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Design of Nitrous Oxide-Referencing Fuel Pressure Regulator

[+] Author Affiliations
Jonathan Terry, Tony Rousseau, R. S. Amano

University of Wisconsin at Milwaukee

Paper No. IMECE2006-13503, pp. 235-240; 6 pages
doi:10.1115/IMECE2006-13503
From:
  • ASME 2006 International Mechanical Engineering Congress and Exposition
  • Energy Conversion and Resources
  • Chicago, Illinois, USA, November 5 – 10, 2006
  • Conference Sponsors: Nuclear Engineering Division
  • ISBN: 0-7918-4783-7 | eISBN: 0-7918-3790-4
  • Copyright © 2006 by ASME

abstract

Nitrous oxide can be used for internal combustion engines as a supplemental oxidizer. In a nitrous oxide system the nitrous is stored in a pressurized container or bottle. Under dynamic use, as the nitrous oxide is being spent the mass in the bottle decreases. This decrease in mass leads to a decrease in pressure. The pressure is the source of delivery of the nitrous oxide to the system. Typically nitrous oxide systems do not have a way to maintain a constant oxidizer deliver flow that can adjust to the pressure drop in the bottle as the nitrous oxide is spent. By not having a way to maintain the oxidizer deliver as the bottle pressure drops it becomes hard to stay consistent interms of the Air (Oxidizer) to Fuel ratio (A/F). The net effect of this pressure drop is that the A/F changes. When this happens the performance of the engine may be compromised as well as the health of the engine. One way to maintain the A/F by regulating the pressure the fuel pressure with respect to the nitrous oxide bottle pressure. This regulator is the focus of this project. A pressure regulator would insure that a constant pressure after the regulator could be maintained. The theory behind the regulator has been previously established but the want of a design of a regulator for a certain application has been brought to the design teams attention. A dynamometer test lab based in Milwaukee has offered testing support for the design of a pressure regulator that would maintain a constant A/F mixture delivery. Motorcycles, due to the need for small components, need to have small nitrous oxide bottles when they are set up with nitrous oxide systems. This small bottle empties faster than a large bottle so the need to maintain the A/F is even more applicable for use on a motorcycle.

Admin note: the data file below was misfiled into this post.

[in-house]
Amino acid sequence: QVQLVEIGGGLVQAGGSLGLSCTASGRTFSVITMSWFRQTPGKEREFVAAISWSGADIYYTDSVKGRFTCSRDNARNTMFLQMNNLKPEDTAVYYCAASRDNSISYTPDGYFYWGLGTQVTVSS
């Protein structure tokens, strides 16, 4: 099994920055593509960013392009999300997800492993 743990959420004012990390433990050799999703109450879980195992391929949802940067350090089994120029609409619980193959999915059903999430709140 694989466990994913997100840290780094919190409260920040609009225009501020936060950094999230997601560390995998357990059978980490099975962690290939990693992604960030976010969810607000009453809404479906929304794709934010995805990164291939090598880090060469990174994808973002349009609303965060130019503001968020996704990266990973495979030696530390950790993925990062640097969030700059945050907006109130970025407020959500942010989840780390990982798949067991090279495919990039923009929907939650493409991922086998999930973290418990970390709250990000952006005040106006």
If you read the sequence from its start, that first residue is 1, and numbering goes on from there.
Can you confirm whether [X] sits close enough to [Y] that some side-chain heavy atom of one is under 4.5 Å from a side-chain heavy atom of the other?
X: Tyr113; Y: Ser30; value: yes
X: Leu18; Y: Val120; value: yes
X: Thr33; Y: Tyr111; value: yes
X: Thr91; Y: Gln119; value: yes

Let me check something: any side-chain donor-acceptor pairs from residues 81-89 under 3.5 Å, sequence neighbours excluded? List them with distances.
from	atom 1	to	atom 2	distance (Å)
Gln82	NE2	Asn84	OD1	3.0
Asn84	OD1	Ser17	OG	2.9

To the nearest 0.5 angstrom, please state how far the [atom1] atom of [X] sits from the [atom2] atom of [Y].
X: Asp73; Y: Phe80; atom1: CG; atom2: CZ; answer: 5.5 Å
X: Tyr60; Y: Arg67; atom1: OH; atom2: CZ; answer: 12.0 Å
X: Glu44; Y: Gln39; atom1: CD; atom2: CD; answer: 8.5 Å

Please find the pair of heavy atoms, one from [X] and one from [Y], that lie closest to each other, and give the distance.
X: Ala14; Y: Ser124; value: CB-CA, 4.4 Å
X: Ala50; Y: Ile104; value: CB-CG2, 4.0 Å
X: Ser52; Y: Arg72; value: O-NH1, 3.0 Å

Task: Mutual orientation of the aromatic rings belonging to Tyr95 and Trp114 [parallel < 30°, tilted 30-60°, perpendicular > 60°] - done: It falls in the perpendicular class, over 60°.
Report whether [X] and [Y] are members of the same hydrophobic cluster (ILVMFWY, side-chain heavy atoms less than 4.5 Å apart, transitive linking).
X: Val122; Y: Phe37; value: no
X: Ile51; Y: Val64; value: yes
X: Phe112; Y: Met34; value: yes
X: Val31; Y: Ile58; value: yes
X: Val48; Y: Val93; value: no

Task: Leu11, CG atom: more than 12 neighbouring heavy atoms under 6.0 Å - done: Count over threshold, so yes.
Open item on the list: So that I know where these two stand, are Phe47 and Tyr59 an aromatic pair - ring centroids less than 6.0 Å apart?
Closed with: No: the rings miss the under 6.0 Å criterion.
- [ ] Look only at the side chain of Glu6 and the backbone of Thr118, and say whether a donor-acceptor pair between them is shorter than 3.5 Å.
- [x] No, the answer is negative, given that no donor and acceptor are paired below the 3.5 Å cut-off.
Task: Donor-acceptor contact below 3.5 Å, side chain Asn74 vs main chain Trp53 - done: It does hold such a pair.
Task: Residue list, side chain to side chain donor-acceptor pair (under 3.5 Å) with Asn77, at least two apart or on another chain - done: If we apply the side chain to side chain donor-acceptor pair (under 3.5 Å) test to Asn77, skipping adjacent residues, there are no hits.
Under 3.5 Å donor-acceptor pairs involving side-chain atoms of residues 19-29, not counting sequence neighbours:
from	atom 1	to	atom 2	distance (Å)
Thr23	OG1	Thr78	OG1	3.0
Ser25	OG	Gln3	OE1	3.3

Copyright © 2006 by ASME
Topics: Pressure , Fuels , Governors , Design

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